Music Journalism Career Opportunities

Music journalism is an ever-evolving industry for those passionate about music and writing. How do you know if it’s for you? And how do you get there?

By Caitlin Peterkin

Connecting Audiences to Music

Music journalism connects musicians and audiences, both new and established, through articles, podcasts, videos, and more.

It’s a hustling gig. A typical day for a music journalist might include:

• Researching

• Pitching outlets

• E-mailing publicists for advance copies of albums or to be put on the press list for upcoming shows

• Transcribing notes and interviews

• Writing, writing, and more writing

From reviewing live shows to profiling up-and-coming artists, from creating podcasts to writing think pieces, from transcribing interviews to researching bands, music journalism offers a lot of opportunities.

How to Break into Music Journalism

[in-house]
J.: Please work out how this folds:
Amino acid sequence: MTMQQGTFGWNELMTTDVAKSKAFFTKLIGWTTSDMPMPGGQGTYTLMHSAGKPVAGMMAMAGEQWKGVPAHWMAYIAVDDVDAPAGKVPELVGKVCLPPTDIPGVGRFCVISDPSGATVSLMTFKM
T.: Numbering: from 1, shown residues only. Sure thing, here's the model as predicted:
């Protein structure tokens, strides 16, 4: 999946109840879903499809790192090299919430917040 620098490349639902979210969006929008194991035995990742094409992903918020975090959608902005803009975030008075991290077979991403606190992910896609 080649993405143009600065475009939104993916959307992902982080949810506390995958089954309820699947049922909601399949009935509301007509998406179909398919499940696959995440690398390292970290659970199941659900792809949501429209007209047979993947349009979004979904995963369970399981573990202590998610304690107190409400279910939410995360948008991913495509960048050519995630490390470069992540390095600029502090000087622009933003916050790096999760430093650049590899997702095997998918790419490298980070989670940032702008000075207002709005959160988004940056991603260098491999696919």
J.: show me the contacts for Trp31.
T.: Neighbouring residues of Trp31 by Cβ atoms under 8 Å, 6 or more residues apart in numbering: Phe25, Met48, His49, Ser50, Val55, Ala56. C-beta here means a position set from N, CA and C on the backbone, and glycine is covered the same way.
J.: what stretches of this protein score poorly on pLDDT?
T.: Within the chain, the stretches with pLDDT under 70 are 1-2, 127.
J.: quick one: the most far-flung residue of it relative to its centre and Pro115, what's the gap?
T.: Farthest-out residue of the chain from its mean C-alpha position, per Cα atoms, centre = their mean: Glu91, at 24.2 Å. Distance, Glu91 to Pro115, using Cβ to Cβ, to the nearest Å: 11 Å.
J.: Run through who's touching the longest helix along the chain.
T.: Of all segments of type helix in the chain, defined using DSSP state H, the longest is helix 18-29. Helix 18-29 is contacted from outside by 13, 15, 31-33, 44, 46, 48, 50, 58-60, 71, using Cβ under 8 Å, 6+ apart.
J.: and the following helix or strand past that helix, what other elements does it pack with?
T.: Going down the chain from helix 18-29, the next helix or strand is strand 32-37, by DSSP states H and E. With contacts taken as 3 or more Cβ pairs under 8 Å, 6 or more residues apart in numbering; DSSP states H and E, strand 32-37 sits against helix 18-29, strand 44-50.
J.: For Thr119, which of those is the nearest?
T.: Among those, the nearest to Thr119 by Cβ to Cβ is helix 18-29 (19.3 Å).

“Journalism isn’t like medicine or law, where a specific degree is a stone-cold prerequisite,” writes NPR’s Stephen Thompson in his piece, How Do You Break Into Music Journalism?

Professional journalist, artist, and educator Jason King agrees. “There are many paths to become that kind of writer,” he says, “including the path of attending any university program that has a heavy emphasis on improving and honing writing and critical thinking skills.”

King, an associate professor and director of the Writing, History & Emergent Media Studies program at NYU’s Clive Davis Institute of Recorded Music, encourages students interested in pursuing music journalism to look for programs that offer a holistic approach. A well-rounded curriculum allows you to become “very well informed about music history as well as the music making and production process, and about the music industry itself.”

Majoring in Music vs. Majoring in Journalism

As already stated, there is no one right path to becoming a music journalist. And there are few undergraduate programs specific to this field. Consider combining undergraduate study in both music and journalism, either earning a degree in both or minoring in one.

As you research prospective schools, look for programs that offer:

• Flexibility and crossover between departments

• Faculty who are still active in the field

• A good career resources center